Virtual Coffees & Town Halls Aren’t Going Away
We all know that Zoom calls and virtual organizing vastly increased during the pandemic and by our estimation, this trend will only continue to grow as voter contact and grassroots organizing method. Virtual meetings are not going away anytime soon and the ability for campaigns to organize voters and volunteers virtually will continue to be important moving forward. Will traditional, in-person campaign events eventually return? Sure, but look for the continued integration for events and fundraising apps with CRMs and other campaign tools to make virtual engagements seamless and easy. 

SMS Matters – But Be Strategic
The growth of SMS shouldn’t come as a surprise. Most people have cell phones. In most cases, people would have to go out of their way to shut off the text-messaging feature. This means there’s an enormous pool of people out there that an organizer can reach via text messaging. Further, texts are generally viewed as a highly personal form of communication. We saw the rise of SMS and text organizers during the heat of the pandemic, and for good reason. If you begin early enough in the campaign, collecting SMS sign-ups will pay off as you get closer to Election Day. For many campaigns, SMS is a smart alternative to traditional phone banking with its continued rate of diminishing returns. But while SMS is increasingly being used as an organizing tool it can easily become the new spam/robocalls if we all aren’t careful with how we use them.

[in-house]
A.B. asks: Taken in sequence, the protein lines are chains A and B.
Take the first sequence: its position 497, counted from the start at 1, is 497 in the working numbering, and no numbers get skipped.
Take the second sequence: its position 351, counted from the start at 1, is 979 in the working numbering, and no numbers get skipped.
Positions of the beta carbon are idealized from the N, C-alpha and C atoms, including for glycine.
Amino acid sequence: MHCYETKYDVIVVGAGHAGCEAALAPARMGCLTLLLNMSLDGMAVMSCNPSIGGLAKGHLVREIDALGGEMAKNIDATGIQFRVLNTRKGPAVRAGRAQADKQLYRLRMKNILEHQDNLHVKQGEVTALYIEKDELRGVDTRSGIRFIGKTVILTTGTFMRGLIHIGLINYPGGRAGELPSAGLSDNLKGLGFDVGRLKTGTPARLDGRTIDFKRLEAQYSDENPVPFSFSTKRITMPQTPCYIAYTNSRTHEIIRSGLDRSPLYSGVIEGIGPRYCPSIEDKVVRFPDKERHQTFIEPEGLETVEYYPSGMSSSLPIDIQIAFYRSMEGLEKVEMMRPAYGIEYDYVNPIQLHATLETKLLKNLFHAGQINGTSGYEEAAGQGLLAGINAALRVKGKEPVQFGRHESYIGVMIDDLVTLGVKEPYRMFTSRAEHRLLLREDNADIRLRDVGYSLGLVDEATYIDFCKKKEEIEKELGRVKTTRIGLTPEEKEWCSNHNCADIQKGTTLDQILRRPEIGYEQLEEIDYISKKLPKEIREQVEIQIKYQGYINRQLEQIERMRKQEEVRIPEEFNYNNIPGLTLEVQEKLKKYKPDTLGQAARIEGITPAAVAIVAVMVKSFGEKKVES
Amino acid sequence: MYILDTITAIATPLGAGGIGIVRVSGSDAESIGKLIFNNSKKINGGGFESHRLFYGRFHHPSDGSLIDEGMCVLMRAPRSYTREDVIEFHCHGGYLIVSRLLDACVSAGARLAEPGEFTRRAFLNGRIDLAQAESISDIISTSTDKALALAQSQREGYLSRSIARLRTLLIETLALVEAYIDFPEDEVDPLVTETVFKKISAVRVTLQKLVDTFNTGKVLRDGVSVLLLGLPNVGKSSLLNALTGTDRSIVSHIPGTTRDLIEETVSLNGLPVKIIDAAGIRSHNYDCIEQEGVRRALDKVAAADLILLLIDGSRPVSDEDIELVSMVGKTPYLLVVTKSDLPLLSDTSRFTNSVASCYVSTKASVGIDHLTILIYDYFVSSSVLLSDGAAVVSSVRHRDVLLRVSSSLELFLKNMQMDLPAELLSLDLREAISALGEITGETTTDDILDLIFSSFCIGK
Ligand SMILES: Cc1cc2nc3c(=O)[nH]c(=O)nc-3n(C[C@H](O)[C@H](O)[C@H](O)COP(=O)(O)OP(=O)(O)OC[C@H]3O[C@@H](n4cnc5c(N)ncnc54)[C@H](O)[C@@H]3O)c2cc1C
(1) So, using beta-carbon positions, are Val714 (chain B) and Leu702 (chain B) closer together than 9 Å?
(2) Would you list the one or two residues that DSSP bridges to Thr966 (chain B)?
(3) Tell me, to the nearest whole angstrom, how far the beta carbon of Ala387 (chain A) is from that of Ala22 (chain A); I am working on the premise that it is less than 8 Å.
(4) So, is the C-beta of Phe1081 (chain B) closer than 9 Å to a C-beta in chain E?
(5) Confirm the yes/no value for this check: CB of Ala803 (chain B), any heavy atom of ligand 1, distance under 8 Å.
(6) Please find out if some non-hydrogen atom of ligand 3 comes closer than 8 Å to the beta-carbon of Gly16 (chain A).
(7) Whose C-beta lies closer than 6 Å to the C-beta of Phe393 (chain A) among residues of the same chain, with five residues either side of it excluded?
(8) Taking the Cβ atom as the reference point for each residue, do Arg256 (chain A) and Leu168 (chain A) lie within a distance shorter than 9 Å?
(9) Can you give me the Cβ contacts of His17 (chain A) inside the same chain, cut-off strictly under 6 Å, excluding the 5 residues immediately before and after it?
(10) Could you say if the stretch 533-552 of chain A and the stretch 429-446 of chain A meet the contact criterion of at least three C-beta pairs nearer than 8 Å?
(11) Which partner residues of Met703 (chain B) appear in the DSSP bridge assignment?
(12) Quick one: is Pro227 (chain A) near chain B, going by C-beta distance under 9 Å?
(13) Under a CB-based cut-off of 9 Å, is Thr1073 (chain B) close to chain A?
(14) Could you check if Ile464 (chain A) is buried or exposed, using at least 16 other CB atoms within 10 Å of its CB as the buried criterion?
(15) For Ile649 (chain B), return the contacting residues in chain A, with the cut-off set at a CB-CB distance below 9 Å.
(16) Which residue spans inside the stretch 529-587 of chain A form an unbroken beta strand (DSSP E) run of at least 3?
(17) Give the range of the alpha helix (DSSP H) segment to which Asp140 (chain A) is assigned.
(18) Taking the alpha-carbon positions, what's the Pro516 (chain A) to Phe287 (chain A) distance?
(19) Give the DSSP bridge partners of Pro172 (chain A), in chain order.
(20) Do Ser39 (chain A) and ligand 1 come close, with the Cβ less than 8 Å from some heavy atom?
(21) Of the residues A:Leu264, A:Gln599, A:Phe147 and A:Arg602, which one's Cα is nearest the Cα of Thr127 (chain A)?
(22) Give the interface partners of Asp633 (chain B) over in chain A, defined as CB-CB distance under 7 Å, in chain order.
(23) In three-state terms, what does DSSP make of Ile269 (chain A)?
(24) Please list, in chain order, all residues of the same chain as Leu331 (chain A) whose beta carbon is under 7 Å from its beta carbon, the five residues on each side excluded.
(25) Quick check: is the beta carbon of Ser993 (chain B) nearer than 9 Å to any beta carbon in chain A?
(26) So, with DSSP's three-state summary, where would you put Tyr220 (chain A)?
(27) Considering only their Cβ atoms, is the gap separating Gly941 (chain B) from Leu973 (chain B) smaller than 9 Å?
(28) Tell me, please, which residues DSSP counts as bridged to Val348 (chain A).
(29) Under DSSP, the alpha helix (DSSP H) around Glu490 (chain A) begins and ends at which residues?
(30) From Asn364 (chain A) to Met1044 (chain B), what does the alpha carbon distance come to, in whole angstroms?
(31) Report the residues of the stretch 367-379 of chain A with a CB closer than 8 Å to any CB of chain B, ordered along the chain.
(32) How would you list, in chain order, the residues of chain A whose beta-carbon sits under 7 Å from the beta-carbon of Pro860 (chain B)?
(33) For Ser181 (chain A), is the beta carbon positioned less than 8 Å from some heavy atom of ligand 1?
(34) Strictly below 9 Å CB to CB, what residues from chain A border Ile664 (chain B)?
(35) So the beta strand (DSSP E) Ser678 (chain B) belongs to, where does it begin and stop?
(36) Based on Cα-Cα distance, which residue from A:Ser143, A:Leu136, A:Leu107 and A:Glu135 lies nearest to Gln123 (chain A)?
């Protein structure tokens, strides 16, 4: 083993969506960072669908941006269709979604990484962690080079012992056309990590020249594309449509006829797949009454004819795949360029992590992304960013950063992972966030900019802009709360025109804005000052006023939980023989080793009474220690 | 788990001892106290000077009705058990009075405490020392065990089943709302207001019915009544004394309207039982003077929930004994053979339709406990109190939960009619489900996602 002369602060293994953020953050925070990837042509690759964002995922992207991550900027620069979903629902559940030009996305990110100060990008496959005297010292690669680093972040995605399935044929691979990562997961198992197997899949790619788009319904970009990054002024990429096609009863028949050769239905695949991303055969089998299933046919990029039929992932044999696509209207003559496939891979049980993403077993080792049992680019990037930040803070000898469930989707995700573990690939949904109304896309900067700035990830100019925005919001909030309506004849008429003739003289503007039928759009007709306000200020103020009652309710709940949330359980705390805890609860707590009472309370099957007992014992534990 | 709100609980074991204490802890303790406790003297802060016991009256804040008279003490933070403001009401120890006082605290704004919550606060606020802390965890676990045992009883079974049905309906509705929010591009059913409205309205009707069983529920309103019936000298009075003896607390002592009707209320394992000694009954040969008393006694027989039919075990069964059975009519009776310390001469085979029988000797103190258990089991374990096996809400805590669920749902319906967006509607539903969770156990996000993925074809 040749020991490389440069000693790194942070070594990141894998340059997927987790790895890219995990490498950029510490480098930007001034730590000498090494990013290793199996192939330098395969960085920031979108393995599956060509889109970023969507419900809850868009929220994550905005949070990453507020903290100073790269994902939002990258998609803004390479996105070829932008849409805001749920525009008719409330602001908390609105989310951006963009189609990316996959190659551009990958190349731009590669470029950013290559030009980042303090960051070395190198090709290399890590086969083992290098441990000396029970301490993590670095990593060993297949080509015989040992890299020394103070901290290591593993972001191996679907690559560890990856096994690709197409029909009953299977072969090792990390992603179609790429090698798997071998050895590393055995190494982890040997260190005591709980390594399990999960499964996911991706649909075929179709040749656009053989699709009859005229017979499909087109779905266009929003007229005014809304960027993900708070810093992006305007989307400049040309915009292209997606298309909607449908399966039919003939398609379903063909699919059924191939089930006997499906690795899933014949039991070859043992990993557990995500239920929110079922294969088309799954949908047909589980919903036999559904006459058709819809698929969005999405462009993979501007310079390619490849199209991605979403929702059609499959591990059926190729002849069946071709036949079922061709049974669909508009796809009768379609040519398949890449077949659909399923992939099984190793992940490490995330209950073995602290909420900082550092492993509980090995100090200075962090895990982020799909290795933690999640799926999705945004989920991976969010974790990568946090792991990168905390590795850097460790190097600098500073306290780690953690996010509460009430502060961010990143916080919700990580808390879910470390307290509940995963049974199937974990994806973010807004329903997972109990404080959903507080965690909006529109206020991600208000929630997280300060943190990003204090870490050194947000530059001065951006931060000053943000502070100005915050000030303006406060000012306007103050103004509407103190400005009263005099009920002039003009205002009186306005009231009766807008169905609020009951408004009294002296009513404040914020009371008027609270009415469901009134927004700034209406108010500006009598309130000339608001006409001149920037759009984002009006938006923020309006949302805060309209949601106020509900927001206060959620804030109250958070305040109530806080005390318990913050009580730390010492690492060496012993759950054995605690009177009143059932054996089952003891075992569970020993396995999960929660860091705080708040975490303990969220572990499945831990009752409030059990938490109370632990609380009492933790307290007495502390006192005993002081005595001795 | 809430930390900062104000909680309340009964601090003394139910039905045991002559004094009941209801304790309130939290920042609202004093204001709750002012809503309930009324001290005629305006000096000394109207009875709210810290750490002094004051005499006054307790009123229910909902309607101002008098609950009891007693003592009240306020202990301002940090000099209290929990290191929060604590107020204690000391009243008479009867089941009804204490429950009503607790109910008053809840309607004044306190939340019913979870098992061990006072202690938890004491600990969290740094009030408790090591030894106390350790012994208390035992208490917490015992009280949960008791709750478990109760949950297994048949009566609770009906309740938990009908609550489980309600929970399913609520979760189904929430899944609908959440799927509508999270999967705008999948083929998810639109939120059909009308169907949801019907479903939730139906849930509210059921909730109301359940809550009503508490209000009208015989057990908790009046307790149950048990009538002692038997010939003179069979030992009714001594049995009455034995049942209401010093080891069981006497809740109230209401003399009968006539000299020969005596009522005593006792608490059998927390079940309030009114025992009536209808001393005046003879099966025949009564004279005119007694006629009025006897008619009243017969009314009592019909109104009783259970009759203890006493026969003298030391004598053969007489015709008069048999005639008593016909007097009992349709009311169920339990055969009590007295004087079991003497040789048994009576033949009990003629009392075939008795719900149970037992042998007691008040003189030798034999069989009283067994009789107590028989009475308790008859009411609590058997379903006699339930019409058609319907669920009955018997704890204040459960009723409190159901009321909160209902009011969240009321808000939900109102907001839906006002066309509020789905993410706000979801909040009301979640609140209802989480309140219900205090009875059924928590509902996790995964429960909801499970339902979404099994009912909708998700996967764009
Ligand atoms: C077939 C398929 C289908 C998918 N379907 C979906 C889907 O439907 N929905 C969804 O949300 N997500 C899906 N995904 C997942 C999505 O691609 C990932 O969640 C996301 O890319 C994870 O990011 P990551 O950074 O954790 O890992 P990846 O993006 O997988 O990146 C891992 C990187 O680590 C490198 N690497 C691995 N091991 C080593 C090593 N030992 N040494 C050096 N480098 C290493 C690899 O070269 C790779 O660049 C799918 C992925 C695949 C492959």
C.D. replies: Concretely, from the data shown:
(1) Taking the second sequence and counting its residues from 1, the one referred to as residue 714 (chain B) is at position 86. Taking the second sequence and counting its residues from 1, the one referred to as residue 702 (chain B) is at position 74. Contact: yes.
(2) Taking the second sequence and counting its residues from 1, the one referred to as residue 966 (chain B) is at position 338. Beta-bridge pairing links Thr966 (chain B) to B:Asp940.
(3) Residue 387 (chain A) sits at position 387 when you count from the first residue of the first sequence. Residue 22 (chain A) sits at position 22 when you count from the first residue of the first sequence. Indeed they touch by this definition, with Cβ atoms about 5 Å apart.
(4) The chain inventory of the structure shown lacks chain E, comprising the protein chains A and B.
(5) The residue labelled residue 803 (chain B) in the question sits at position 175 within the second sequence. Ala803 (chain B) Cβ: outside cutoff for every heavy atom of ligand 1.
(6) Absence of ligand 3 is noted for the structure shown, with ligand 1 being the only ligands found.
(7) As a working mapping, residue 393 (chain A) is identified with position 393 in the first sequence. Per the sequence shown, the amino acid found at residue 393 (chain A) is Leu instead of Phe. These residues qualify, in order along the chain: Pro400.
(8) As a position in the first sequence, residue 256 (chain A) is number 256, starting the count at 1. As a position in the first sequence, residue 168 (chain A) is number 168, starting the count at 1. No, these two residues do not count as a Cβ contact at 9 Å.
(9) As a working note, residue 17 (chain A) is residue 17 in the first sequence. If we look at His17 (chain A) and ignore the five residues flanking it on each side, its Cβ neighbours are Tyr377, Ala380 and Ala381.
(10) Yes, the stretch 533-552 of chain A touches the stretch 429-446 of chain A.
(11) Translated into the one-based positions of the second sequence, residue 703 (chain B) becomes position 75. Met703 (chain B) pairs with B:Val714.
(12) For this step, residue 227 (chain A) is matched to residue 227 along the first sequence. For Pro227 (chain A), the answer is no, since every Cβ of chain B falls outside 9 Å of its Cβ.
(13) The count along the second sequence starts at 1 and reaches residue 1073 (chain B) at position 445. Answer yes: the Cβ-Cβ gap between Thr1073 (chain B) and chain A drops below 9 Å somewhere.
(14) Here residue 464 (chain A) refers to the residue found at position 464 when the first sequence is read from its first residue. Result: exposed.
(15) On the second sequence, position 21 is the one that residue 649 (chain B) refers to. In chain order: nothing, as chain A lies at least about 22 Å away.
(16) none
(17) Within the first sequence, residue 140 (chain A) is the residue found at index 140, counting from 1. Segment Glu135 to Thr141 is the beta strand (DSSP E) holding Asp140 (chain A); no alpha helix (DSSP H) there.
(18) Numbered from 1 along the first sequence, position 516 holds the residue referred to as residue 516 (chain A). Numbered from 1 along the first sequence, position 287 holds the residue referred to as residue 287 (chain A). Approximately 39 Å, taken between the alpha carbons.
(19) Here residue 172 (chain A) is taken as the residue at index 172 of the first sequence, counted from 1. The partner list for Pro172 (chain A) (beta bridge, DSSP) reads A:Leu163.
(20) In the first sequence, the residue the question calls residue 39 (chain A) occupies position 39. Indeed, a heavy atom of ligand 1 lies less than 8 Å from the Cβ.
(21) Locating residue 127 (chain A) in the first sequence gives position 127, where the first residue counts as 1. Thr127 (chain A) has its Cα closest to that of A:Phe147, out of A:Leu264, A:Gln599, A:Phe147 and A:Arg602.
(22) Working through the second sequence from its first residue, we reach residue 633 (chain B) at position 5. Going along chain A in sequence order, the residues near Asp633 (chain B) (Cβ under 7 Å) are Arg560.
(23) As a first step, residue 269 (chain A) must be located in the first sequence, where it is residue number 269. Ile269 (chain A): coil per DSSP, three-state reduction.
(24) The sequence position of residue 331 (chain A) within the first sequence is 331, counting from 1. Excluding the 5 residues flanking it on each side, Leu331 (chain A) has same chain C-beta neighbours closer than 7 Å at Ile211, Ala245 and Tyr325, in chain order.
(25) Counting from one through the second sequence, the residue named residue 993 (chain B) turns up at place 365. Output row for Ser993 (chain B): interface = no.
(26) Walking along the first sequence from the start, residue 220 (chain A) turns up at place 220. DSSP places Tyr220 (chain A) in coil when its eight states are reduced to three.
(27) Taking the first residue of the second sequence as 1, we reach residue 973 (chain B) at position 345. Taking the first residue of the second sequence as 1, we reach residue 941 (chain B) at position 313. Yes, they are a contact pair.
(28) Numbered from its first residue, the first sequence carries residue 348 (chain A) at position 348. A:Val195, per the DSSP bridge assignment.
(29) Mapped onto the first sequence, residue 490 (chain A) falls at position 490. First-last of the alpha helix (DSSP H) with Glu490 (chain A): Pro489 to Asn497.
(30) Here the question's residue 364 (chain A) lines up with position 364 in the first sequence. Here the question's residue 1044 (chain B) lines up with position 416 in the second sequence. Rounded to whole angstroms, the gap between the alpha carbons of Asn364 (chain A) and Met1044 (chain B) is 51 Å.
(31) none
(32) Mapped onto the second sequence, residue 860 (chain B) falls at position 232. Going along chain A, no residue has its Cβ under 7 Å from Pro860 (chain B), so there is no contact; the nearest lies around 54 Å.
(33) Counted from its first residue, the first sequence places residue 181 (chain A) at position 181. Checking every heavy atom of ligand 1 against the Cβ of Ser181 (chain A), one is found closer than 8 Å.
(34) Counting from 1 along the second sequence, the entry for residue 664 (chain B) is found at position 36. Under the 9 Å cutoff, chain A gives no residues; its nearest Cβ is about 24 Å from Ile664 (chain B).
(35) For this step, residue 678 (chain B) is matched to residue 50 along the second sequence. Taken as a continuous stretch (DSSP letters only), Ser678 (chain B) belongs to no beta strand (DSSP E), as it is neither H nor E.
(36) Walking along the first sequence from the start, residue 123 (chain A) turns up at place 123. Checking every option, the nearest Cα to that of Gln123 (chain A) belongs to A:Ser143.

Email Is Great But Keep It Out of the Promotions Tab 
Email continues to be an effective organizing tactic as more of us have access to our email on our phones and tablets. In the modern era of organizing, email is more important than ever and this tactic carried a lot of water for campaigns during the pandemic. New techniques for increasing open rates, deliverability, and customization of email forms will be the future of this important organizing tactic. Campaigns will continue to spin their wheels and spend a lot of time trying to keep their email out of Google’s dreaded promotion tab. Sadly, there isn’t a great one-size-fits-all solution to this, but generally, the more engaging and interactive your email is, the easier it will be to keep it out of the promotions tab. Best practices do tend to stay the same for email. You shouldn’t buy a list or send out spam to people who haven’t opted into receiving an email. We expect that many silver bullets for building and growing a campaign’s organic email list will be explored in the future, but we predict that most of these will come with mixed results.  

Social Media will Continue to Grow and Grow 
Social media has changed the game in terms of political organizing and it will continue to do so in the future. Taping into the fact that someone’s entire network now lives online, organizers use social media to have volunteers reach out to their friends or have friends of friends make warm introductions to make their asks more effective. Back in the good old days of organizing, you had to ask someone who else they knew who may want to help. Not anymore. Organizers today have their volunteers reach out to their friends and talk about the issues that matter to them. In the future, social media will only continue to help organizers refine asks and use positive social pressure to produce change. But organizers can’t overestimate the power of social media – you still have to connect and engage in a focused way to get folks truly involved in your issue or cause.